The 1st TSC had a responsibility to ensure that gear was brought home or that the value is returned to the Army. That is called "responsible retrograde." Also, part of the 1st TSC's responsibility was the tear-down of military bases in Afghanistan to return them to the Afghan people.

"As you looked around those base camps, you were essentially in a small city," Williams said. "In some cases, we literally had to turn it into the desert as it was when we first found it."

When the transfer of U.S. infrastructure created by the Americans could help strengthen the Afghan forces, bases were transferred to the government of Afghanistan.

In larger places, like Kandahar Air Base and Bagram Air Base, "it was a combination of reducing portions of the large bases to its original state, and returning portions to our Afghan partners. It was and continues to be an enormous effort," Williams said.

At the same time they retrograded equipment from Afghanistan, and assisted in shutting down base camps, the 1st TSC continued to provide logistical and sustainment support to the train, advise and assist mission, and to the other units conducting retrograde operations.

The 1st TSC had to conduct retrograde operations during an ongoing war at the same time they retrograde their organizational units - in effect, they painted themselves out of the room.

"On the one hand we were supporting the ODB plan," Williams said. "And then on the other, we were retrograding ourselves - personnel and equipment. That's was a daunting task."

Like ODB, of which it is a part, ORT was divided into four phases.

Back in June 2013, when ODB kicked off, the 1st TSC had not yet developed their own operations order that would allow them to effectively carry out their portion of the plan. That lack of direction for executing ODB was quickly remedied, said Maj. Gen. Duane A. Gamble, who served as the deputy commanding general of the 1st TSC, from July 2013 until July 2014.

"When I showed up in early July, USFOR-A's ODB order had already been issued," Gamble said. "And the first thing I asked was, 'where is the 1st TSC's operations order?' We didn't have one. The TSC spent much of Phase 1 writing our own order to support ODB with a synchronized effort not only from the TSC, but from all our strategic partners. That order is still in place today, and it complements and supports the ODB phasing."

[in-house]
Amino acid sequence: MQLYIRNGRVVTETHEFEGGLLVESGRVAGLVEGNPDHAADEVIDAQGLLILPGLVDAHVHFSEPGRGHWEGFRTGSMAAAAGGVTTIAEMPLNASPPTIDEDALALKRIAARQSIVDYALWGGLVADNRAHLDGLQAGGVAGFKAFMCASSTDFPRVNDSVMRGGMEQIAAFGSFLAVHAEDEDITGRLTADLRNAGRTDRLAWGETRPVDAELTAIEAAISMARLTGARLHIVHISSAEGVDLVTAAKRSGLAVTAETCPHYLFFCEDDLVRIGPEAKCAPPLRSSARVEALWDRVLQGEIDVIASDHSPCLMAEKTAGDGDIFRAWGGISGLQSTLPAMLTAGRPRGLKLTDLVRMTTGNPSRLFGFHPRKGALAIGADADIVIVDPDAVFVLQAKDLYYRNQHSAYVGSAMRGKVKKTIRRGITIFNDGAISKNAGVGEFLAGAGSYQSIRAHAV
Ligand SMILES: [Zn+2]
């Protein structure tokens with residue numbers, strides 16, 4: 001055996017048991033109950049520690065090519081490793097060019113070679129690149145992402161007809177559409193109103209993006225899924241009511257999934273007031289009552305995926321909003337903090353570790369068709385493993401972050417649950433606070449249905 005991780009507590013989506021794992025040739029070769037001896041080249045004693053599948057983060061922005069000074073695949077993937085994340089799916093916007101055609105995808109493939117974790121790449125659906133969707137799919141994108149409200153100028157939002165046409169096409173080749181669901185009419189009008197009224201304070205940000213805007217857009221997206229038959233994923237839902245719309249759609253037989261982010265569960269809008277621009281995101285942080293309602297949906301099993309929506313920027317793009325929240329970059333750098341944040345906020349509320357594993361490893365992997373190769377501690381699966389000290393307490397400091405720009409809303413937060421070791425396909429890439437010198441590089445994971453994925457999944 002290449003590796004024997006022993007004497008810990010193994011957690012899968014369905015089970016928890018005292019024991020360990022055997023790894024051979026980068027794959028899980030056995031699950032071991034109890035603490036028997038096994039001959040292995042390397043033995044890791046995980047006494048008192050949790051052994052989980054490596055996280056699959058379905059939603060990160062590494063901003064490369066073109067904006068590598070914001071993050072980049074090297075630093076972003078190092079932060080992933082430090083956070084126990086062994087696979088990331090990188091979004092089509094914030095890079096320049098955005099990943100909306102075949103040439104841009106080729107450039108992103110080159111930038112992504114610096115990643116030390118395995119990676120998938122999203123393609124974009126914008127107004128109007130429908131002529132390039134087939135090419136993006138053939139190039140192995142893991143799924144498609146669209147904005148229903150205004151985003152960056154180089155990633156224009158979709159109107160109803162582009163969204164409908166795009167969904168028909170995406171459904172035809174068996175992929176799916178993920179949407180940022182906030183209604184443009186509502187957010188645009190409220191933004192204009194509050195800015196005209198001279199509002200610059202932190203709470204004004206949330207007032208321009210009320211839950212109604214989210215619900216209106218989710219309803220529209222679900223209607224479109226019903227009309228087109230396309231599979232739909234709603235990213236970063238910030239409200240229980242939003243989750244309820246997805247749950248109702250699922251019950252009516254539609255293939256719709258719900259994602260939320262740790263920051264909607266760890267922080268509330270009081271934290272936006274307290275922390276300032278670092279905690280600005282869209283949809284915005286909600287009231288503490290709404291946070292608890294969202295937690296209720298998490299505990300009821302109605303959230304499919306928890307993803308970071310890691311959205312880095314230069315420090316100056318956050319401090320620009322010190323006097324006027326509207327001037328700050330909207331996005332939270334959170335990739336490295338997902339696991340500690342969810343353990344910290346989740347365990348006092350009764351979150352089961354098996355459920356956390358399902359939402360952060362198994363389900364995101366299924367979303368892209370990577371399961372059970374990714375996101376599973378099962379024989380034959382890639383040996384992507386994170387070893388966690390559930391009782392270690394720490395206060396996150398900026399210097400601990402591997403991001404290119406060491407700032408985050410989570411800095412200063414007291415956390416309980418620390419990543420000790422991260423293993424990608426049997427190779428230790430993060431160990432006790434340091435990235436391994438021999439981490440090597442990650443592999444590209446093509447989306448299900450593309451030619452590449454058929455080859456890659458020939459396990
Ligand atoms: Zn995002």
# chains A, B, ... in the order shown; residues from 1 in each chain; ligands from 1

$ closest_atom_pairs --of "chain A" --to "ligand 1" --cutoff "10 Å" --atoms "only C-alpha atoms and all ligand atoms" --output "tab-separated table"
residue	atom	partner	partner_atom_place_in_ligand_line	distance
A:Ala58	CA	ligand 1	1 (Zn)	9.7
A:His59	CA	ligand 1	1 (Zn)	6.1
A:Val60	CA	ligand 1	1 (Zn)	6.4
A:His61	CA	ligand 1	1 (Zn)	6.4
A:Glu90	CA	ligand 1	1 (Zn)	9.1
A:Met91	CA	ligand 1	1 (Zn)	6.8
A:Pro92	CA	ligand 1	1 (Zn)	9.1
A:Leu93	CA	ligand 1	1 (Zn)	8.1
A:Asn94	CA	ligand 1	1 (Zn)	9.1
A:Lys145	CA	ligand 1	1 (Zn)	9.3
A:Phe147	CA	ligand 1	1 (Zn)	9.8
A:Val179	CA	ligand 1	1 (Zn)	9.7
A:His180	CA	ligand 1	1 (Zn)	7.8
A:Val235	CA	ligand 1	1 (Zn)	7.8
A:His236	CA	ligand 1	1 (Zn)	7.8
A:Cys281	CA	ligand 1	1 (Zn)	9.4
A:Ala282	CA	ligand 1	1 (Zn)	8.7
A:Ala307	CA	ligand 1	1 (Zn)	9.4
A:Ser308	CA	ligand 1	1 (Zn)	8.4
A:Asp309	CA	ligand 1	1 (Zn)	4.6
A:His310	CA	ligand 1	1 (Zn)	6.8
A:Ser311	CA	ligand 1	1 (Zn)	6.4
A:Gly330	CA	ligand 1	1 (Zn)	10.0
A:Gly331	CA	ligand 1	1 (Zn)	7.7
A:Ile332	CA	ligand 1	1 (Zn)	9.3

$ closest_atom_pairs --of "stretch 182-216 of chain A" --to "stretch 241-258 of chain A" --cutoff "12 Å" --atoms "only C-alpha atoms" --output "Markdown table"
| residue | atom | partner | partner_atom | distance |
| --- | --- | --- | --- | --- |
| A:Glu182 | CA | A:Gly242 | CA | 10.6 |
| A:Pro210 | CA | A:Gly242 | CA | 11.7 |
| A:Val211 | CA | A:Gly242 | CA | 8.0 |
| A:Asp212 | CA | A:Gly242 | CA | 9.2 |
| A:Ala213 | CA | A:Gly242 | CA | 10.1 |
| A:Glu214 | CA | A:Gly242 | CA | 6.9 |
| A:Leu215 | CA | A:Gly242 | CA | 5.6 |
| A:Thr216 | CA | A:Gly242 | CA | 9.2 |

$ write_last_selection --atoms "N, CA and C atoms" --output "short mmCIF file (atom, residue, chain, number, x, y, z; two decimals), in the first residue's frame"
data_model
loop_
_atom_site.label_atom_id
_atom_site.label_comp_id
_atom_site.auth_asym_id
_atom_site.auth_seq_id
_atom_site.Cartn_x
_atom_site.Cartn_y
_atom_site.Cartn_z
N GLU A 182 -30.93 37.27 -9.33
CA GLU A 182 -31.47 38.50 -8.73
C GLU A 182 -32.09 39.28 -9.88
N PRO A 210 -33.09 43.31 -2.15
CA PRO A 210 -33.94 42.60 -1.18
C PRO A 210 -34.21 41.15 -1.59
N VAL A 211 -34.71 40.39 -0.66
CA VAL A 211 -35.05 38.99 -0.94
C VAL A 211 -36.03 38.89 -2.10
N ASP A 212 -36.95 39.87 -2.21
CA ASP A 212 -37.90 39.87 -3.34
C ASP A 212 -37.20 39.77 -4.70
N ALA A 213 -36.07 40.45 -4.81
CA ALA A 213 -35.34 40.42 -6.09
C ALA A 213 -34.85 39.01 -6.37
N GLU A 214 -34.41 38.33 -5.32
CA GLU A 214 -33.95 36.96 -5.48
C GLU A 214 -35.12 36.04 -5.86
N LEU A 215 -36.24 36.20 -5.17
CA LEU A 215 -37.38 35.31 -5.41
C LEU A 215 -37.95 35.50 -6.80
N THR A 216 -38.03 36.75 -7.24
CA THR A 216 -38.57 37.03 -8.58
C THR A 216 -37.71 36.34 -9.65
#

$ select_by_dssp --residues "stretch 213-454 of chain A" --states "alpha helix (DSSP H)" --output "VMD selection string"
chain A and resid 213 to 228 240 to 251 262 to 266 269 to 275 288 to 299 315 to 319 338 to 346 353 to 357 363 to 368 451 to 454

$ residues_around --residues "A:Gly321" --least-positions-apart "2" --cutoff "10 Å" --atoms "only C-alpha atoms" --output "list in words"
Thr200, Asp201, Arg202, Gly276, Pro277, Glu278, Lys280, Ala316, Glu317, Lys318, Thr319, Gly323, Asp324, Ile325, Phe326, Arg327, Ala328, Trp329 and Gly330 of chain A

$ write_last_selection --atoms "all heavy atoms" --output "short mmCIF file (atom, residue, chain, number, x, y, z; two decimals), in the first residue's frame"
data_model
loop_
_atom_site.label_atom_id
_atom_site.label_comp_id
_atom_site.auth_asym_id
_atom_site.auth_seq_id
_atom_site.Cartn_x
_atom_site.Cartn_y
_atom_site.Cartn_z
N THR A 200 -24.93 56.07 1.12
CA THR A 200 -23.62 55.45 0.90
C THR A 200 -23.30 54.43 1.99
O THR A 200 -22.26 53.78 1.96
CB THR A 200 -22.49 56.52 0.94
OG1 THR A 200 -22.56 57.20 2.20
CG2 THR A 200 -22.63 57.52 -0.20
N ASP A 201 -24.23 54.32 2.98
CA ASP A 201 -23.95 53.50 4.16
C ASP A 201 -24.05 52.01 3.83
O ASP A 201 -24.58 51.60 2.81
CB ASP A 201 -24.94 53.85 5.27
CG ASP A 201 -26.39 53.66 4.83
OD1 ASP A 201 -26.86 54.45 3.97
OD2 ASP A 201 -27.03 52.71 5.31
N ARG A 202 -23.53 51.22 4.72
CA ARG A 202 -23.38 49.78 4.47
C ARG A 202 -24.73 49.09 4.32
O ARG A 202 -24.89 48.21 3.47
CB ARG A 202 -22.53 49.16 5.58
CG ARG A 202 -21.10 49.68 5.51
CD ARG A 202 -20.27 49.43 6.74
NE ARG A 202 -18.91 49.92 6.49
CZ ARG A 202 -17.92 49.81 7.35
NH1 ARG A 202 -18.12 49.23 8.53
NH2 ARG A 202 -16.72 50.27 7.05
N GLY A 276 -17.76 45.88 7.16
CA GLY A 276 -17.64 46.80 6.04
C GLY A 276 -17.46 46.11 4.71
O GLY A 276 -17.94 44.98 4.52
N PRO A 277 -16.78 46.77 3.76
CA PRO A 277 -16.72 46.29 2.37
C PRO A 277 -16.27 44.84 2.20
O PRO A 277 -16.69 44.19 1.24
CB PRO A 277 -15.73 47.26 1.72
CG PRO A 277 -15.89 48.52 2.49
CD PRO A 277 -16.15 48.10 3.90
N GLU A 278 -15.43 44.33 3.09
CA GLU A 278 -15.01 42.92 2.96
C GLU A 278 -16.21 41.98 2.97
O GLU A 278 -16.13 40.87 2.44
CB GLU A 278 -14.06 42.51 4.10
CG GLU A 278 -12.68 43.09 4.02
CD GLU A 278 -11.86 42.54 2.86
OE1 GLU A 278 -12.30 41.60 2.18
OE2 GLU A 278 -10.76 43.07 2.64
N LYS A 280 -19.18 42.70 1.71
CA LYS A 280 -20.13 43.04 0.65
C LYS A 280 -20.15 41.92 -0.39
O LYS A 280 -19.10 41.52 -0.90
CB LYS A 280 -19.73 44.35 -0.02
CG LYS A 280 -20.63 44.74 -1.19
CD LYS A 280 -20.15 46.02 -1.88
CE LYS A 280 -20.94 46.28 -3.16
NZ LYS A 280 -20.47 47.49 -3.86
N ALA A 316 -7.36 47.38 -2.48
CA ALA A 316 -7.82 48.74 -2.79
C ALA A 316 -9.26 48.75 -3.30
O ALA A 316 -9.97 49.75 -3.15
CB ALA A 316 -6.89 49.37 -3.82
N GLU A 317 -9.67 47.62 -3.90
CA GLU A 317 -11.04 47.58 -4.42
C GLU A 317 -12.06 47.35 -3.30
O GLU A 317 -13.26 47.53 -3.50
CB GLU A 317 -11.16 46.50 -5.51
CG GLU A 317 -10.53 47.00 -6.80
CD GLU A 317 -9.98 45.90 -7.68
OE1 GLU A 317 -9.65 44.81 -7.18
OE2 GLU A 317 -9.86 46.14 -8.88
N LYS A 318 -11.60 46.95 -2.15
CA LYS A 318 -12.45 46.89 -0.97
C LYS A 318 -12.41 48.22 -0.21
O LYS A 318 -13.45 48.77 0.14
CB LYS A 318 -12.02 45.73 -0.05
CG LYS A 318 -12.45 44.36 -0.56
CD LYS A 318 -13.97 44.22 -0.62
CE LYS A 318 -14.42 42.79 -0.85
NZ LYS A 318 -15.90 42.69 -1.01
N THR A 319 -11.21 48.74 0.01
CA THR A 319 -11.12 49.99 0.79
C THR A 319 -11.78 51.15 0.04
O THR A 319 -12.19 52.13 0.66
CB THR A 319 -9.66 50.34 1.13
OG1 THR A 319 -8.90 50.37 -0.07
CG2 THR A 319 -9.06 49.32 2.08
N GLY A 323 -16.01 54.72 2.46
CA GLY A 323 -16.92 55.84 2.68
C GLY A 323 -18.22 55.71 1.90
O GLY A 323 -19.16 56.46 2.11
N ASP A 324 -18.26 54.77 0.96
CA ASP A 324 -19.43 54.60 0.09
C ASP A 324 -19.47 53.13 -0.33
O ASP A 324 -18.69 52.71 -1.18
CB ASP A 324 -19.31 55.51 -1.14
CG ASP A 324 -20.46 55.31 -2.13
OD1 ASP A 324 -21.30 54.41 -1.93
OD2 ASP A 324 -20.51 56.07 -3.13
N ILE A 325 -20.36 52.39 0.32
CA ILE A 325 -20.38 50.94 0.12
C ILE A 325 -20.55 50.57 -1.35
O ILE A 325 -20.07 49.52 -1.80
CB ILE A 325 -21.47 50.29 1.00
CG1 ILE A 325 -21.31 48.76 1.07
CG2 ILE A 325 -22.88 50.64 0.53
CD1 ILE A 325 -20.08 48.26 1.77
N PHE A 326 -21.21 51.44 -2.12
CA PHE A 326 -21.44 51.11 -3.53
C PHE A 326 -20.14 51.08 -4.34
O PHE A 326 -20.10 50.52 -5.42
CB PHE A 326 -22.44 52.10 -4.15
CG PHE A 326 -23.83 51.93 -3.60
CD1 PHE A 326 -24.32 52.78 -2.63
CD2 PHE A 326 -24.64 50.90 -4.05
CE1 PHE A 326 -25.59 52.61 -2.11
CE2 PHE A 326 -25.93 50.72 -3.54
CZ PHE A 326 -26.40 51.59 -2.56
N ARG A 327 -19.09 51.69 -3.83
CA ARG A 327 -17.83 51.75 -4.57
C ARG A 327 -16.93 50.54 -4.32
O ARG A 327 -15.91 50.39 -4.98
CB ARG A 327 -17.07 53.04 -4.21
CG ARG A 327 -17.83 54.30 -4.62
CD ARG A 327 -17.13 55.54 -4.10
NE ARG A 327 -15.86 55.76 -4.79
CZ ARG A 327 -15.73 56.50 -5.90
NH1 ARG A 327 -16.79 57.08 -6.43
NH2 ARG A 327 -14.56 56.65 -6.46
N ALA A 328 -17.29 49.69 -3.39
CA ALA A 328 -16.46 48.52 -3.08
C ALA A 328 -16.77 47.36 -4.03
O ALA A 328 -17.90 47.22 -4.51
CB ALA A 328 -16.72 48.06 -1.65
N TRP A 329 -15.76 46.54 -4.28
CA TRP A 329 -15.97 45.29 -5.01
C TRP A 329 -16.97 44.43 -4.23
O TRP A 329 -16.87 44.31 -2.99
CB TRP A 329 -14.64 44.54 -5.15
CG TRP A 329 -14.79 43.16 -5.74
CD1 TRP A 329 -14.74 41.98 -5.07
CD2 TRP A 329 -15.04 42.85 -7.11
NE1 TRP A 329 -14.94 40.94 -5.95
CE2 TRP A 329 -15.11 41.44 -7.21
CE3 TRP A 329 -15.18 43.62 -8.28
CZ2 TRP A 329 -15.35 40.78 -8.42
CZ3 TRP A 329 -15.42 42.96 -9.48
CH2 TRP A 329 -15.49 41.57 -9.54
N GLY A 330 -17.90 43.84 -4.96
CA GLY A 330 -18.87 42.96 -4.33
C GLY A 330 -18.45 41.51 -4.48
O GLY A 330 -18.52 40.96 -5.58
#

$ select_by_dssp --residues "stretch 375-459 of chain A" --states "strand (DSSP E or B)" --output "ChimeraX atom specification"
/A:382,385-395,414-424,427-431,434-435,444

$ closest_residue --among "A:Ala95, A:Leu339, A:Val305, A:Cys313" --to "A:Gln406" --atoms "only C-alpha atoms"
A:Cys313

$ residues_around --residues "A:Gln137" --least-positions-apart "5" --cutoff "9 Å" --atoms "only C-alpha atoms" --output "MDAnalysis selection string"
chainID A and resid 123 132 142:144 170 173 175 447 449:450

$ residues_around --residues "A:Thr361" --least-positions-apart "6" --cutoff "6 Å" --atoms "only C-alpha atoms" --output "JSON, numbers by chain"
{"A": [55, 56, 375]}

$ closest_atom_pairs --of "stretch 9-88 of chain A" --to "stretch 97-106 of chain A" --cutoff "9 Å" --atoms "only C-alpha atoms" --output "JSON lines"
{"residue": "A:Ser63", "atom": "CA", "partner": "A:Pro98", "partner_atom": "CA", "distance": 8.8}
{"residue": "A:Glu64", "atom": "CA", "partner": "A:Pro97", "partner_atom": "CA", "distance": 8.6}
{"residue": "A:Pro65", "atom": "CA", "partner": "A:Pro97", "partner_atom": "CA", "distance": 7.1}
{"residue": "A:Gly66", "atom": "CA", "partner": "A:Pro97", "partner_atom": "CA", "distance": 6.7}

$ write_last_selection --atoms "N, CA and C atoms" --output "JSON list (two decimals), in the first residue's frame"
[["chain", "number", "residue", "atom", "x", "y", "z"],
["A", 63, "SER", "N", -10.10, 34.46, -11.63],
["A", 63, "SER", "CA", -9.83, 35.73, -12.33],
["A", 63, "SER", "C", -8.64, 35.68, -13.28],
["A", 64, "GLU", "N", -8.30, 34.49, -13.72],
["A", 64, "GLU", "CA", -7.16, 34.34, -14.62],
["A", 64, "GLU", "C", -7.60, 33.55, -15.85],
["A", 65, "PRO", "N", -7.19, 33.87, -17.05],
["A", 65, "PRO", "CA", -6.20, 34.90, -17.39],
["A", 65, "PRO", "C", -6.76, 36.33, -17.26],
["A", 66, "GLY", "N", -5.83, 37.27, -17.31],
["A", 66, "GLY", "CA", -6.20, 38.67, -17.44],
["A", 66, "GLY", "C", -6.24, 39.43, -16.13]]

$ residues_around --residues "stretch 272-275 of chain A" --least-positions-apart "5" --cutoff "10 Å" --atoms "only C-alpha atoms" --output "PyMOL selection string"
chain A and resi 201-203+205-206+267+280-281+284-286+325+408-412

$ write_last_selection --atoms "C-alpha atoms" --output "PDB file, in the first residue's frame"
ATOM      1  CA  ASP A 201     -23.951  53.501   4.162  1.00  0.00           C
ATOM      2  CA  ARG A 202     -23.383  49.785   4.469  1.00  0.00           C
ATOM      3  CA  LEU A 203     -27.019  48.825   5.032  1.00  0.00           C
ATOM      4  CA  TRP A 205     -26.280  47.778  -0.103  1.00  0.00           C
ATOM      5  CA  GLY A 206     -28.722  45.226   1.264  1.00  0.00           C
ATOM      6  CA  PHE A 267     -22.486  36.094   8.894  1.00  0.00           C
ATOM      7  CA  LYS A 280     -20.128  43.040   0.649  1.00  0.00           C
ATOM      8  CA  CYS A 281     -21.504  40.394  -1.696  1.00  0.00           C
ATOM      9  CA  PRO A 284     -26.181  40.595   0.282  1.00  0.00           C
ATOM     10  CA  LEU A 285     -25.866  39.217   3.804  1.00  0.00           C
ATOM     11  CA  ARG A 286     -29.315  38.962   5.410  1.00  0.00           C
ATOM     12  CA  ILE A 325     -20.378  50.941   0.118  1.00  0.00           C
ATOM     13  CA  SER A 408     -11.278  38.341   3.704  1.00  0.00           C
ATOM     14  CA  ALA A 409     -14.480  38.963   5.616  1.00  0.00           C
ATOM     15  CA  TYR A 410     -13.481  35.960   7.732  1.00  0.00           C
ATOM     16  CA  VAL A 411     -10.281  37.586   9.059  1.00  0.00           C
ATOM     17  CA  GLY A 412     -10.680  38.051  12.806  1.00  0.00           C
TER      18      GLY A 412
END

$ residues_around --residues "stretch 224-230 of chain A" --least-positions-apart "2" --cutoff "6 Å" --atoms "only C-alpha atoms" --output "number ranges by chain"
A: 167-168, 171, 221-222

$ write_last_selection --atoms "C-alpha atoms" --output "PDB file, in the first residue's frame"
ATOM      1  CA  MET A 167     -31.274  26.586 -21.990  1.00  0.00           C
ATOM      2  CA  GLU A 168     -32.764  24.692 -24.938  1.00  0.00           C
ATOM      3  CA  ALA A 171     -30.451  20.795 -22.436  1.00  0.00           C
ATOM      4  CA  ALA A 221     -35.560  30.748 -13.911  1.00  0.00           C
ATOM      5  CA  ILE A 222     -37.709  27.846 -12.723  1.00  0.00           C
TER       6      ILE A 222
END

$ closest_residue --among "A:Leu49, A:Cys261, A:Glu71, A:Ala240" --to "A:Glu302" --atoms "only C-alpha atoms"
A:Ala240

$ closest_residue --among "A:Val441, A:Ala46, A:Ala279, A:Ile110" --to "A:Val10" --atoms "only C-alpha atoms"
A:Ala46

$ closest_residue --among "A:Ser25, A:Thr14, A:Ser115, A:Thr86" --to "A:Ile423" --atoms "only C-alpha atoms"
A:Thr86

The ORT operations order, Gamble said, identified supported and supporting commands, identified the main efforts the 1st TSC should focus on, and received the 1st TSC, 15th Sustainment Brigade, 101st Sustainment Brigade, 43rd CENTCOM Material Recovery Element, 39th Movement Control Battalion, 401st Army Field Support Brigade, and others focused on the mission.

"That really brought a unity of effort that was missing before the TSC writing its own operations order," Gamble said.

Most of Phase 1 of ODB was focused on "getting everybody's attention," Gamble said. "It was about making sure that all commanders and supporting agencies in Afghanistan understood that the USFOR-A mission was changing; that we had to posture the force for Dec. 31, 2014, while still executing the mission," he said. "We were still about 18 months out from the end of OEF."

Operation Reliable Tempo was the 1st TSC's formal effort to ensure the logistics enterprise, "team of teams," understood not only the new USFOR-A mission, but how the 1st TSC commander saw the orchestration of all support agencies in support of USFOR-A.

Because one key task in posturing the force was to reduce troop strength, one of the first steps the 1st TSC took in Phase 1 of ORT was to eliminate the 311th Expeditionary Sustainment Command headquarters, which included about 270 people. Gamble said that the 1st TSC could no longer afford to have multiple general officer-level logistics commands in Afghanistan.

"By Labor Day weekend 2013, we had taken our first giant step towards setting the 1st TSC up for 2014 - by eliminating one of the headquarters. That was one of the first steps towards the reduction of the footprint in Afghanistan," he said.

Outside the headquarters of the 1st TSC, on the ground, the 101st Sustainment Brigade, out of Fort Campbell, Kentucky, was busy executing its portion of the retrograde operation. Col. Charles Hamilton commanded the 101st Sustainment Brigade from June 2013 to February 2014 in Afghanistan.

Hamilton said its role was sustainment of forces - providing sustenance and supplies to more than 100,000 personnel in theater when his unit arrived. The 101st also heavily supported the tactical retrograde mission, in support of ORT. The brigade also conducted security for the convoys that brought gear from outlying bases back to Bagram Air Base, where it could be accounted for in the redistribution property assistance team, or RPAT, yards and also assisted in closing installations.

"There was no way I would have thought that we would have that many trucks on the road," he said. "I knew retrograde was going to be a huge part, but at that point, the ORT part had not developed. So the numbers were not there. I was prepared for retrograde - but not nearly the volume we got to."